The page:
‘Elective’ oocyte cryopreservation – often dichotomised with egg freezing for medical reasons – has since become something of a hot topic within both professional and public discourse on assisted reproductive technologies (ARTs). Defined by the Human Fertilisation and Embryology Authority as a possibility for women who may be “concerned about [their] fertility declining as [they] get older, and are not currently in a position to have a child” (2), up-to-date ‘elective’ egg freezing techniques are available in fertility clinics across the UK to women wanting, so it is said, to ‘delay childbearing’ (3). Experts have testified to the efficacy of the technology – not least as a father’s graduation present to his daughter (4) – and users have spoken of the relief of not having to find Mr Right – right now (5) – through the use of this technique. Most recently, distinguished academic Professor Marcia C. Inhorn encouraged students to freeze their eggs in a news piece which received what might be deemed a rather icy reception (6, 7).

An initial US study of the motivations of 20 women who had undergone the treatment found that most had done so in order to ensure that they had taken advantage of ‘all reproductive opportunities’ available to them. Half of the women who took part in the study felt pressured to freeze their eggs as a result of their ticking ‘biological clock’ (8). Indeed, it has been said that egg freezing gives women a chance to buy themselves more biological time, and, particularly if used by women under the age of 35, may be an effective means to ‘having it all’ (9). Seen in this way, ‘elective’ egg freezing technology has the potential to eradicate the cohort that Marny Ireland described in 1993 as ‘transitional childless women’ – who have delayed making a decision about whether or not to have a child until it is too late (10).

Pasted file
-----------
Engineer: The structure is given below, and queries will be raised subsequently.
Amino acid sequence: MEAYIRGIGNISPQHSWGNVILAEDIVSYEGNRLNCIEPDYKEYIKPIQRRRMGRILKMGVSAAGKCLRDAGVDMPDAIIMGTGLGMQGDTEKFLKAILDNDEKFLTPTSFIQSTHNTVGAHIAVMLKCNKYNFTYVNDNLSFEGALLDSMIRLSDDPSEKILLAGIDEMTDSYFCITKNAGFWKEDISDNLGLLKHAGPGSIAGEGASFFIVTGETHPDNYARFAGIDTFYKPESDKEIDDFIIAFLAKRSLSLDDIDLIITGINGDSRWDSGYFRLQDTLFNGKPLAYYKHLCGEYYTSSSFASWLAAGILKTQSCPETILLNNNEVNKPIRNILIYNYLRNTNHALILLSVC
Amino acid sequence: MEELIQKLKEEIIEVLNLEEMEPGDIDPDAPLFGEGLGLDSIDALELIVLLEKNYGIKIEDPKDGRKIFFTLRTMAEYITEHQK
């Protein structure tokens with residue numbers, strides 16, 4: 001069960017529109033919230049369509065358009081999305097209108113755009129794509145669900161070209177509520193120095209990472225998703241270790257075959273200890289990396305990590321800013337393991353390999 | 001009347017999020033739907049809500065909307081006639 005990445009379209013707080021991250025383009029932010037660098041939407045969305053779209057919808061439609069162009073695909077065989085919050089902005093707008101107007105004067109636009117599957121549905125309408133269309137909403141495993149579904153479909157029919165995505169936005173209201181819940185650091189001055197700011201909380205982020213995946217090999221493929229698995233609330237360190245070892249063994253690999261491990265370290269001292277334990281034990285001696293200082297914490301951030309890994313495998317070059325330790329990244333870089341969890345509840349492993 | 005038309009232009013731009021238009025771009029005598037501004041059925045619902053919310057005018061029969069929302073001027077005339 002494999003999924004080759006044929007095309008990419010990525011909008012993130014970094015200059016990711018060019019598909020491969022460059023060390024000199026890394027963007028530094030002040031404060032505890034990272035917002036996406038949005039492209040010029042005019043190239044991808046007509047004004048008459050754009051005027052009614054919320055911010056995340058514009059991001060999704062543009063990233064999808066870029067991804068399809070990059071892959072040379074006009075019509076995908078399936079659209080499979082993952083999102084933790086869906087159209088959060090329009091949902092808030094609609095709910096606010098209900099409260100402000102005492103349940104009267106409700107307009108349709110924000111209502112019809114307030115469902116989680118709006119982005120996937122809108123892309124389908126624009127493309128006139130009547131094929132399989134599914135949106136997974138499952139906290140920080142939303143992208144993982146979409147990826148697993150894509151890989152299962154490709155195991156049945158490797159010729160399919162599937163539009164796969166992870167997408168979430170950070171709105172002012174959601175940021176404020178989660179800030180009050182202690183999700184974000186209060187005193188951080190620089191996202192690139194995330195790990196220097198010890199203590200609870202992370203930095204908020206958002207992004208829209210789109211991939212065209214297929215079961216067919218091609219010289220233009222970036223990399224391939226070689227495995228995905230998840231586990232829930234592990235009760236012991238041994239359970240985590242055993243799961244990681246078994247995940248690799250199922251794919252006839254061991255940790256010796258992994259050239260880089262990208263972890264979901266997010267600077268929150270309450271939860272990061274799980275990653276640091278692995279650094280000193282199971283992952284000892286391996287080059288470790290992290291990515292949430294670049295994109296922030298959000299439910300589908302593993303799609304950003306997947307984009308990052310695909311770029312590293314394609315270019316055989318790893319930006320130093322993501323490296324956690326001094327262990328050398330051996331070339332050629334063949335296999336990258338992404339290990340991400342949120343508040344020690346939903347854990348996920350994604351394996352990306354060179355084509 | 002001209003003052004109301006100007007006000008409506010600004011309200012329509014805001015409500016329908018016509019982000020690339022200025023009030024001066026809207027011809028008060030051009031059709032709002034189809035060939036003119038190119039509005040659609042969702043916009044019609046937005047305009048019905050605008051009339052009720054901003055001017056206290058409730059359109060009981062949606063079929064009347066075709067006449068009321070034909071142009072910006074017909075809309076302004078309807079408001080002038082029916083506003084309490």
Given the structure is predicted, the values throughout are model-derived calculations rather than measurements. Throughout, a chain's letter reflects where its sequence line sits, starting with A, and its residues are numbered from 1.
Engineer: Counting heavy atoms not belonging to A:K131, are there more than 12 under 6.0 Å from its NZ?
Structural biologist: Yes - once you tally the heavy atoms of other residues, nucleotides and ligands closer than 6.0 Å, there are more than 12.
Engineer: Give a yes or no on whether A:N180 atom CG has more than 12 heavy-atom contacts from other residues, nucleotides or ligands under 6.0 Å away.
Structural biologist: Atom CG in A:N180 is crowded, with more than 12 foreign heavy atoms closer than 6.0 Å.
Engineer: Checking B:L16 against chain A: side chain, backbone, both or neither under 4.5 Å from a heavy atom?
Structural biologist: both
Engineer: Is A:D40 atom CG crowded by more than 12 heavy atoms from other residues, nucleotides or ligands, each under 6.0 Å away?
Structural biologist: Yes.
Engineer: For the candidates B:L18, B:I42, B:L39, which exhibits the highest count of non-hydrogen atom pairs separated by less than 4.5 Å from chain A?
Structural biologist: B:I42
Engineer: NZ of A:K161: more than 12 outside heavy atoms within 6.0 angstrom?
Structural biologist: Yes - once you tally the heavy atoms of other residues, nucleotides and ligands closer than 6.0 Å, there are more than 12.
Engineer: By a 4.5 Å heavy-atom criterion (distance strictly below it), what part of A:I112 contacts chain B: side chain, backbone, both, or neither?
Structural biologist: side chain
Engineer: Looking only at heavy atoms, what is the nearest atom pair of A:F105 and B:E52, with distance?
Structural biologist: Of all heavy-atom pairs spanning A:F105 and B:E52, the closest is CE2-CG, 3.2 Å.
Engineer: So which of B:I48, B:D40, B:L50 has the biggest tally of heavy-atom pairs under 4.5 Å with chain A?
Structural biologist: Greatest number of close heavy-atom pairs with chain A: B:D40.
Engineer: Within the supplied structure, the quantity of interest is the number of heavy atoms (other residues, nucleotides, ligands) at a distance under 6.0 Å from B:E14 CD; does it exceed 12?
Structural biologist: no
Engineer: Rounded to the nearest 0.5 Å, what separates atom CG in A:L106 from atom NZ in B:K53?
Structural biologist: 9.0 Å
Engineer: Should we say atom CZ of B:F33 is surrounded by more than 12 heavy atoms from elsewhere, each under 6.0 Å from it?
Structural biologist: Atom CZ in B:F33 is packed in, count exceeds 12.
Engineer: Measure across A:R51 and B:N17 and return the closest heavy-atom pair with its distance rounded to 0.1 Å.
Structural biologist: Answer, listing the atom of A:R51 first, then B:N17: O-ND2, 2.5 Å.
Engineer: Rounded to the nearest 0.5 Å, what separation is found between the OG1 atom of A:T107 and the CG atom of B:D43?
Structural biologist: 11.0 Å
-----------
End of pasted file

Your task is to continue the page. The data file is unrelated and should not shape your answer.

It is clear that rumination over ‘elective’ oocyte preservation must now move beyond the arguments made by those in favour of its use, and those against it. As a feminist, my thoughts about this technology are not based upon a (dis)agreement with the decisions of individual women, but with how ‘elective’ egg freezing might relate to the condition of women as a social group (11). ‘Elective’ egg freezing technology is both emblematic and symptomatic of the twenty-first century motherhood mandate. At the heart of this lies a dualistic conception of acceptable womanhood and motherhood, contemporarily characterised by having it all – the career, the heterosexual relationship, and the biological child. This is problematic.

Commentary upon the changing nature of acceptable motherhood is, of course, not new. We know that in the UK in 2011, more mothers were working than ever before. We also know that the age at which women have their first child is now substantially later than it was in previous decades (12). And most fundamentally, we know that contemporary cultural narratives serve to reinforce these trends. Popular discourse undeniably advises us not only that there is a ‘right time’ to be a mother, but also that good mothering can only be done in the ‘right’ socioeconomic and demographic context (13). As Woollett and Boyle inform us,

“Motherhood is constituted not as normal and natural for all women, but only for those who are married or in stable heterosexual relationships, who are not ‘too old’ or ‘too young’, and who are in the ‘right’ economic and social positions.” (14)

This notion of acceptable motherhood is tied to appropriate womanhood in a conditional matrix which ideologically imposes the woman-as-mother mantra. Quite separate from this dominant discourse, however, are the experiences of women themselves. Research on the narratives of mothers of different socioeconomic and demographic backgrounds has demonstrated that mothers ambivalently appropriate the concept of the ‘right time’, as it is biologically, relationally, and psychosocially defined (15). Some mothers find it difficult to reconcile what has been described as the ‘right time’ (chronological age) with the ‘right moment’ (biographical stage) (16). In fact, it is argued that in the pursuit of parenthood, women might rather be choosing what seems to be the ‘least wrong time’ – rather than the ‘right time’ – to have a child (17). It is also apparent that the ‘right time’ concept permeates the narratives of women who do not mother (18). Most fundamentally, it has been argued that the concept of time may serve as a useful tool with which to understand women’s childbearing choices in the contemporary context of assisted reproduction (19). This argument, it seems to me, is crucial to understanding the relationship between ‘elective’ oocyte cryopreservation and the modern motherhood mandate.